Before Going All-in on Big Data, Make the Most of Limited Information

We live in the age of big data now. And if industry buzz is to be believed, the companies of the future must be capable of harnessing massive data analytics and its famous “V” attributes.

Volume, velocity, variety, and veracity of data are all characteristics of this new world, both demanding and justifying the use of AI to process large, complex datasets. Even small companies may need to cool down their machines using server room environments and maintenance services required by data centers.

But while big data can be beneficial in many use cases, there are also times when it under-delivers on investment. Companies might end up overpaying for analytics that could be replicated based on their competitors’ market research. Or the insights derived might require substantial changes to the business itself that isn’t in line with current strategic thinking.

Before committing entirely to the big data revolution, there’s a fundamental aspect you must get spot-on: how you maximize the small data your organization has at its disposal.

Small data, actionable insights

Our recent experience with the disruption brought about by Covid-19 gave strength to calls for digital transformation across all industries. Businesses that embraced digital channels during the pandemic were able to survive by understanding customers’ evolving needs and being agile enough to respond. Moving forward, such openness to innovation and flexibility towards change will continue to help organizations thrive in the face of shocks and uncertainty.

Although big data is a separate trend from digital transformation, there’s considerable overlap between the two. The abundance of data points you can collect serves as a better guide in your efforts to go digital, finding new opportunities and unlocking efficiencies.

Yet big data is only one of the means towards achieving the goal of digital transformation. Often, companies make the mistake of investing in big data without first demonstrating that they are making the most of the limited information they currently have.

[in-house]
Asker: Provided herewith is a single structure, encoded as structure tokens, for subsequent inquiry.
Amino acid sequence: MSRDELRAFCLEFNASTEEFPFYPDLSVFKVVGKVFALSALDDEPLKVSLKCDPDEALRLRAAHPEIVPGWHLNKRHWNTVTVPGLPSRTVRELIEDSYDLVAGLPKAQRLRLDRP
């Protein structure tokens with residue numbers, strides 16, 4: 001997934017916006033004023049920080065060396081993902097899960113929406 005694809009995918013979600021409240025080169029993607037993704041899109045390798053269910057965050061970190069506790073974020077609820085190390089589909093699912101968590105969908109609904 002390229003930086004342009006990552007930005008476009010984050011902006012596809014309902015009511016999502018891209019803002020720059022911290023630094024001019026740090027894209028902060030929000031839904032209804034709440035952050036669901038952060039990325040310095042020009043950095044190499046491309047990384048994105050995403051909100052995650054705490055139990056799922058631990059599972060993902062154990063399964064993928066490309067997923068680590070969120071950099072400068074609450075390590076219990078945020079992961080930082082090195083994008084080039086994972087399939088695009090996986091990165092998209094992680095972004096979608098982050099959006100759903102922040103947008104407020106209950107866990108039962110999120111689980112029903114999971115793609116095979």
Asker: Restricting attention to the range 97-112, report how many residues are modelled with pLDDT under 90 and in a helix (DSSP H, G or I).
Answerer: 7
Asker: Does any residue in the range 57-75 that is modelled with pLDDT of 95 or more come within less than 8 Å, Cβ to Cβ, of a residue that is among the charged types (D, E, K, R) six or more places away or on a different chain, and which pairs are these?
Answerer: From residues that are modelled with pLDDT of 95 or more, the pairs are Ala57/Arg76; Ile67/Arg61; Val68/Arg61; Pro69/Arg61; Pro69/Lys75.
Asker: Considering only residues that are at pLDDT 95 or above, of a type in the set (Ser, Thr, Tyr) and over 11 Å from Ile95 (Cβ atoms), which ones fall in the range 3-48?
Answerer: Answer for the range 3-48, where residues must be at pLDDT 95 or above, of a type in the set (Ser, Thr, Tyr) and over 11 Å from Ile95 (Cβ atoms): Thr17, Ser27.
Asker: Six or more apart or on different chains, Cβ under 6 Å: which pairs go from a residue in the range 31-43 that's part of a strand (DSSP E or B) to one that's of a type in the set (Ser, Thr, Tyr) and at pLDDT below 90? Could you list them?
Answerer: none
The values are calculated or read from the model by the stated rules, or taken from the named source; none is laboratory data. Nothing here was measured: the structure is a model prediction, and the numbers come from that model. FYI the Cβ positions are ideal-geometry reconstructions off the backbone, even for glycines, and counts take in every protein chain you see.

Small data sets don’t require you to commit more resources to crunch the vast amounts of big data, whether this is done in-house or by outsourcing it to partners. They are often derived from simple, cost-effective data mining strategies. And the data obtained tends to be much more accessible, informative, and actionable for your people.

Maximizing what’s there


Even in the world of big data and algorithms, humans still have a vital role to play. In the paradigm known as Industry 4.0, data-driven insights must still lead to better decisions made by people, not machines.

Consider the evidence offered by recent high-profile corporate disasters, such as the explosion of BP’s Deepwater Horizon rig or the auto industry’s Takata airbag recall. These failures took place amid a vast amount of data that was readily available to the companies involved. Yet, the warning signs were ignored or mistaken for random noise.

The insights that can prevent massive failure or uncover critical opportunities only result from linking multiple relevant data sets. Machines can’t be expected to put together the pieces of the puzzle in this way. They are trained to crunch information in the petabytes, exabytes, and zettabytes in the big data world, but not to make intuitive leaps.

For that, you need to double down on a resource you already have: people. And they work best with small but meaningful batches of data.

Adapting to new needs

You don’t need to hire a team of data scientists or develop your proprietary algorithms to keep pace with digital transformation objectives. You’ll gain more bang for your buck by investing in people and encouraging diversity and breadth of experience. This encourages more useful insights, as individuals are better able to perceive hidden threads and commonalities.

Simple data mining methods, such as surveys, focus groups, and interviews, still hold their own in this new world if your team knows how to use them well. Basic reports from your sales and CRM data can suffice to link top-earning products and services to client demographics and regional markets. In turn, this can inform your marketing strategy, shaping your website design and social media presence.

Before investing further in big data, consider what other information can be gleaned through secondary sources. Reliable research journals and trade publications can offer useful insights for a fee that’s a fraction of what you might pay for in-house analytics. Relevant government and nonprofit data may be available for free.

And if you think AI assistance is truly warranted, consider developing better algorithms for smart filtering. This is the best way to prune down big data to only what’s needed to answer the questions that are really relevant to your business.

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